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AP photo by Amanda Loman / Auburn baseball players celebrate their series win over host Oregon State on Monday in the Corvallis Super Regional of the NCAA baseball tournament. Auburn, the No. 14 national seed, eliminated the No. 3 Beavers to reach the College World Series, which starts Friday in Omaha, Neb.

OMAHA, Neb. — If the College World Series is like the first two rounds of this year's NCAA baseball tournament, fans in the outfield seats at Charles Schwab Field are going to take home lots of souvenirs.

The 424 home runs hit in regionals and super regionals already are a tournament record, and at least 14 games remain to be played in the CWS.

The eight-team event opens Friday with No. 5 national seed Texas A&M (42-18) playing Oklahoma at 2 p.m. Eastern, and No. 9 Texas (47-20) meeting Notre Dame (40-15) at 7. Saturday openers match No. 2 Stanford (47-16) against Arkansas (43-19) at 2, and Ole Miss (37-22) against No. 14 Auburn (42-20) at 7.

Two double-elimination brackets will set up the best-of-three championship series that starts June 25.

Omaha's cavernous ballpark hasn't surrendered many homers since it opened in 2011. There were 28 in last year's CWS, the most since the move from the old Rosenblatt Stadium. Based on what has happened across college baseball through super regionals, that number is in jeopardy even though the wind is forecast to blow in toward home plate during most of the CWS.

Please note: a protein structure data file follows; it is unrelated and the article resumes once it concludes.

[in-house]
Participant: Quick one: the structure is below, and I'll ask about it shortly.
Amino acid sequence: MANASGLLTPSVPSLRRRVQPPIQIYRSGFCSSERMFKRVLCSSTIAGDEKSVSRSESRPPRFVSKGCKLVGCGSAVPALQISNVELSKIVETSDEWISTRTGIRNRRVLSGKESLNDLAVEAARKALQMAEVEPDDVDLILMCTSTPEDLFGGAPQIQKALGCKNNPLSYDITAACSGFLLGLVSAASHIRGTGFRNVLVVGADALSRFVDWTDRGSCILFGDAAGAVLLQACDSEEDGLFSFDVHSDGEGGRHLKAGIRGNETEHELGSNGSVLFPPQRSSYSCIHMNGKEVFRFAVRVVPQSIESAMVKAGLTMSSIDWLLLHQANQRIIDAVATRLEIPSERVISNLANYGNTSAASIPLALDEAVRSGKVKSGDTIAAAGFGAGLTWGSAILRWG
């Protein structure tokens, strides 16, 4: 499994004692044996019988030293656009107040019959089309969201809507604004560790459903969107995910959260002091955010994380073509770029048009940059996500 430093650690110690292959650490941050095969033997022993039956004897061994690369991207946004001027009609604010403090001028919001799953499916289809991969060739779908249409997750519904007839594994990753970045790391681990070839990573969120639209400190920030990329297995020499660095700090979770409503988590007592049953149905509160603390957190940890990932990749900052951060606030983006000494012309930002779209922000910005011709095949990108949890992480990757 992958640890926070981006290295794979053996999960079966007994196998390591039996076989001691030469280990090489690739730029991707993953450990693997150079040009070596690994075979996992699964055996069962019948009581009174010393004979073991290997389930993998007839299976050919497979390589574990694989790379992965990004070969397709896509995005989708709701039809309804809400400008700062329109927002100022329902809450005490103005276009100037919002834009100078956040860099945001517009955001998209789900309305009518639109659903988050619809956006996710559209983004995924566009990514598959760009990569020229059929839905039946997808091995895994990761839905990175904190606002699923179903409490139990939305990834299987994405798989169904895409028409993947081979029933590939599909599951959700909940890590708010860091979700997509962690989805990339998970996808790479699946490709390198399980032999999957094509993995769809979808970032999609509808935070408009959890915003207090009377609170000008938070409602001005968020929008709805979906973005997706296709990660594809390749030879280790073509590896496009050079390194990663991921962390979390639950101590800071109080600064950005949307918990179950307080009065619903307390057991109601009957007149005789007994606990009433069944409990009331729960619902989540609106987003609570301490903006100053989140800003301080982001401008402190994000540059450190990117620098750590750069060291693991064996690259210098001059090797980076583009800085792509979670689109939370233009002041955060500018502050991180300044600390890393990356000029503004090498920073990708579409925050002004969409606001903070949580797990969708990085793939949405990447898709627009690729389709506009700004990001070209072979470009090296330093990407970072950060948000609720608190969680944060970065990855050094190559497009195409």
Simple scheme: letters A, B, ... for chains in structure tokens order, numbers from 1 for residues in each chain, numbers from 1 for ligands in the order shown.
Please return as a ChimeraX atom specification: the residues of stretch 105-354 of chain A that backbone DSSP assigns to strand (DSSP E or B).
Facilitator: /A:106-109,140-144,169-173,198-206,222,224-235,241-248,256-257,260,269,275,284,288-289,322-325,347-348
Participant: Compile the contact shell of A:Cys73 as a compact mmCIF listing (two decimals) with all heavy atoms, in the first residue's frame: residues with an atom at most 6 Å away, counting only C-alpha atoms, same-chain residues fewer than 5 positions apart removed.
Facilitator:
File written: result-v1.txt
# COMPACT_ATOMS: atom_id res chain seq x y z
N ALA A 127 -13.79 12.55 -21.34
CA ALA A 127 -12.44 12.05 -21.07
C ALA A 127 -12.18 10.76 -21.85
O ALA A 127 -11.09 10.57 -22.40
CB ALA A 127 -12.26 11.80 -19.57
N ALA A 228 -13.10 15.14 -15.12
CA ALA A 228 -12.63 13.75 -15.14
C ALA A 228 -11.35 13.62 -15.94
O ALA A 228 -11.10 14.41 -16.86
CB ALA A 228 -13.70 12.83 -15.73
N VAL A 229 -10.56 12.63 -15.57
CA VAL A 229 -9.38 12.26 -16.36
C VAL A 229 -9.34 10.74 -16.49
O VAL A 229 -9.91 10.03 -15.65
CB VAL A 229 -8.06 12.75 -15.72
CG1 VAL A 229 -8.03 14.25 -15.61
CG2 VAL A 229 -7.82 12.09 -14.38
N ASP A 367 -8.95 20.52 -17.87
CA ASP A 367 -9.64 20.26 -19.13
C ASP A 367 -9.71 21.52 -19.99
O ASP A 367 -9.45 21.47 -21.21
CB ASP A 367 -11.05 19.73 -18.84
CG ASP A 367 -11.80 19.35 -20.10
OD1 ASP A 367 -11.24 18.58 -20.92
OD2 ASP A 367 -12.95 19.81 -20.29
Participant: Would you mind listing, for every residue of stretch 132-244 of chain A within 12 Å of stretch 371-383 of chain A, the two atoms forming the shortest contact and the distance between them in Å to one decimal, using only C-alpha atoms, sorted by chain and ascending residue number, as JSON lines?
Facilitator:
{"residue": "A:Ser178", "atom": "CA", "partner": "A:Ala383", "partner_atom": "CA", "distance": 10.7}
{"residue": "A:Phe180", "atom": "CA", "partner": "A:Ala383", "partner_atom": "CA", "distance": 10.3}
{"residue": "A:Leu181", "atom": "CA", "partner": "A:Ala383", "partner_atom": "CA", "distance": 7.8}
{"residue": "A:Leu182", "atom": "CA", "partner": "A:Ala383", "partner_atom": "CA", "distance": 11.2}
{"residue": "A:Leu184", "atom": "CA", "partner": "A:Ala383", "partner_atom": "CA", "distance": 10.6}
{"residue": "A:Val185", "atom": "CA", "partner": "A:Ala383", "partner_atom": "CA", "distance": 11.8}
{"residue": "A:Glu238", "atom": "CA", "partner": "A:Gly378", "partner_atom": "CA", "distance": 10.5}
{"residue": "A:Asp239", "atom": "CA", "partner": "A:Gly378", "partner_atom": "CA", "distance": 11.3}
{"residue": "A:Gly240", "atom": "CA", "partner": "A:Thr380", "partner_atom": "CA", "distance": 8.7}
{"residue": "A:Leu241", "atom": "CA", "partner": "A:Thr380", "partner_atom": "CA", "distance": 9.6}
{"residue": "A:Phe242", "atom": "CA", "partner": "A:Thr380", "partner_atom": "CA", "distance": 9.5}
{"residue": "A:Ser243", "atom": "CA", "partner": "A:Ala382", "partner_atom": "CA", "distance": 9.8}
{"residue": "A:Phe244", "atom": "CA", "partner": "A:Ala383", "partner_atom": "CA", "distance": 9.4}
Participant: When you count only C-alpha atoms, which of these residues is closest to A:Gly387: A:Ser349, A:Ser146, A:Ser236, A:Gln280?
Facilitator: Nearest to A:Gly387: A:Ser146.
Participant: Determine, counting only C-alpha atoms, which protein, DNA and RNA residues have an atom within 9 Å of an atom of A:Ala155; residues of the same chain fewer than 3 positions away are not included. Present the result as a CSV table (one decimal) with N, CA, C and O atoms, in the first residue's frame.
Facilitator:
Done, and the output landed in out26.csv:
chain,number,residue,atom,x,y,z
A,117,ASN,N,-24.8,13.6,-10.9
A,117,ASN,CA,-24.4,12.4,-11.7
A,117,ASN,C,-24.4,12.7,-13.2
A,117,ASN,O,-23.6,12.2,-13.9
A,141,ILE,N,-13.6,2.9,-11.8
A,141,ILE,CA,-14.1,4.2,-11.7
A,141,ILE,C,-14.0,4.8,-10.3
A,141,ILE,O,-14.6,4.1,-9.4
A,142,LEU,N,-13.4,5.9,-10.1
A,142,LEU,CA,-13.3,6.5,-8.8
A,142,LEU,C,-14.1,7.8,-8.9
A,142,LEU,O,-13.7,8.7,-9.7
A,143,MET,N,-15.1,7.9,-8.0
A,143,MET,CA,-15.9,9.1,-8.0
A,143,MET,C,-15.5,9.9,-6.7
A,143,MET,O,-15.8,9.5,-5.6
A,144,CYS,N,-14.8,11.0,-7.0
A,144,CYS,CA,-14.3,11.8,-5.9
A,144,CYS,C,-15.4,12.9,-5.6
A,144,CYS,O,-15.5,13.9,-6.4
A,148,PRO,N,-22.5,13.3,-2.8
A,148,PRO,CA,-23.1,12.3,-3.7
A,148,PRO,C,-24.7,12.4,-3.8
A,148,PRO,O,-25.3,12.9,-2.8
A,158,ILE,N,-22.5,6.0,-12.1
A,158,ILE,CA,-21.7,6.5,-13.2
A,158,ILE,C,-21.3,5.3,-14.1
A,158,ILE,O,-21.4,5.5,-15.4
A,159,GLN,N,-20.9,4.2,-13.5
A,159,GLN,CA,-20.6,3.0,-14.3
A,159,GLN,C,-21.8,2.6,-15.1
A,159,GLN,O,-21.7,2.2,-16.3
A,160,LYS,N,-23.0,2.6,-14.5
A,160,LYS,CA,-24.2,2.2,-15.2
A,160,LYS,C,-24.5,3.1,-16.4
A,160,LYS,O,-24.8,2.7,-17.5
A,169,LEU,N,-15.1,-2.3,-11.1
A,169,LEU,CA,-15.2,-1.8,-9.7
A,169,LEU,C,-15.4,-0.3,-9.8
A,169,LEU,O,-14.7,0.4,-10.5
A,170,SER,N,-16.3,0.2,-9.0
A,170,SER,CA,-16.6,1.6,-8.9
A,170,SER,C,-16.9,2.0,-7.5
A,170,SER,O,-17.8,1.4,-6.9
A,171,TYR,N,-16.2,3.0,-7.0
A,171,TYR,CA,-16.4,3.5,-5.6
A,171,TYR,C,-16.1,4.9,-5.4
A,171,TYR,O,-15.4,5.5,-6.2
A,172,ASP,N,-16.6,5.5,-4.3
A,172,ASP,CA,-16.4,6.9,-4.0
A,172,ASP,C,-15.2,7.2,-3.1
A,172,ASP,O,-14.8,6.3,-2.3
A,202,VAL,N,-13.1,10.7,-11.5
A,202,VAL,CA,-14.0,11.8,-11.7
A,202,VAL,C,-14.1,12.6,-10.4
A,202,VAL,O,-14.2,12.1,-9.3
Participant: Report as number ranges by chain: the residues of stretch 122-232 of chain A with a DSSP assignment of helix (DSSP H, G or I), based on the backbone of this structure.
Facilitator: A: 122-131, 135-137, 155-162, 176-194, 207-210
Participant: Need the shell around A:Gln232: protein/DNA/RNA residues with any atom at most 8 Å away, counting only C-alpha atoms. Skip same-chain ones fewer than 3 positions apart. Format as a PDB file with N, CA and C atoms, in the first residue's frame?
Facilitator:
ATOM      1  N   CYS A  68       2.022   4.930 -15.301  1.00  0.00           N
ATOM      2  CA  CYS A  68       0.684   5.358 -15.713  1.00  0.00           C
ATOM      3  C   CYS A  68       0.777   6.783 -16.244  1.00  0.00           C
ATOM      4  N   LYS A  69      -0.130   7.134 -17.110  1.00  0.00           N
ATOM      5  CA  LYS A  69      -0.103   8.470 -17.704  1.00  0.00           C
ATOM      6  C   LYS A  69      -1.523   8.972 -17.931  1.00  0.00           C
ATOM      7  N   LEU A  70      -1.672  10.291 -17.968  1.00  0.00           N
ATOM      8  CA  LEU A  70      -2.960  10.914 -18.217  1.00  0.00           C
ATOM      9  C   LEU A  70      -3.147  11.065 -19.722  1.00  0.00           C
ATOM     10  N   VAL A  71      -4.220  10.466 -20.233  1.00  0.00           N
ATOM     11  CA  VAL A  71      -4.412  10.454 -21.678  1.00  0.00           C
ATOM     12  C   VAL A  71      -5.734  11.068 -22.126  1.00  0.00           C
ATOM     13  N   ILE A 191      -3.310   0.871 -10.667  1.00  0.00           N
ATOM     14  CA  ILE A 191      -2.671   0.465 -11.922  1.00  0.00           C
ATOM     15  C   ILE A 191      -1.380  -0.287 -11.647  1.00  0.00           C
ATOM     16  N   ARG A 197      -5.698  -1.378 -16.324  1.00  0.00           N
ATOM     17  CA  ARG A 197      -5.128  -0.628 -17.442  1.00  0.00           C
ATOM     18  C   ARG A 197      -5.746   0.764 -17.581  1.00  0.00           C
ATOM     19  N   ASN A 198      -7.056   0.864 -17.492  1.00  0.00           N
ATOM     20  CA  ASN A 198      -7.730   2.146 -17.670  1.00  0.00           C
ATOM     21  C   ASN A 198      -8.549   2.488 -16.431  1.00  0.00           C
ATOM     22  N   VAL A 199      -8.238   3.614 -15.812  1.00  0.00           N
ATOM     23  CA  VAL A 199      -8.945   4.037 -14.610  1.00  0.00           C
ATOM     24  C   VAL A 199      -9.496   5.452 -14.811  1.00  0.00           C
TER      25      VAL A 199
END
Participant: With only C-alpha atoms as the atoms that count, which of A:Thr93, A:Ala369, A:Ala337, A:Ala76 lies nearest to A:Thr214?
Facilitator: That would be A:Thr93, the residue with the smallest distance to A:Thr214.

Three teams enter the event with at least 100 home runs this season — Texas (128), Stanford (117) and Arkansas (100) — and Ole Miss has 99. A total of 19 Division I teams hit at least 100 this season, compared with three last year, and the team that led the nation didn't even make it to Omaha. Top-ranked Tennessee, eliminated by Notre Dame in the Knoxville Super Regional, hit 158 home runs, 21 more than second-place Maryland. Texas is tied for third with Old Dominion.

Batting down speculation the ball is juiced this year, American Baseball Coaches Association executive director Craig Keilitz said specifications haven't changed since the flat-seam ball was introduced in 2015. Coaches and officials point to a confluence of factors contributing to the surge.

Players are older and more developed at the plate because the NCAA offered an extra season of eligibility to athletes whose 2020 seasons were impacted by the COVID-19 pandemic.

Also, fewer juniors have left to play professionally the past two years because the Major League Baseball draft was reduced to five rounds in 2020 and now is at 20, half as many as there were from 2012-19.

"I guess the philosophy on that is takes a little bit more time for hitters to mature," Keilitz said. "I think the swing plane has been a big difference. But the metrics are able to break down the pitching weaknesses. If you watch the games, home runs hit off a guy throwing 95 to 100 miles an hour is absolutely amazing. But they're on it, and when they hit it, it seems to go a long ways."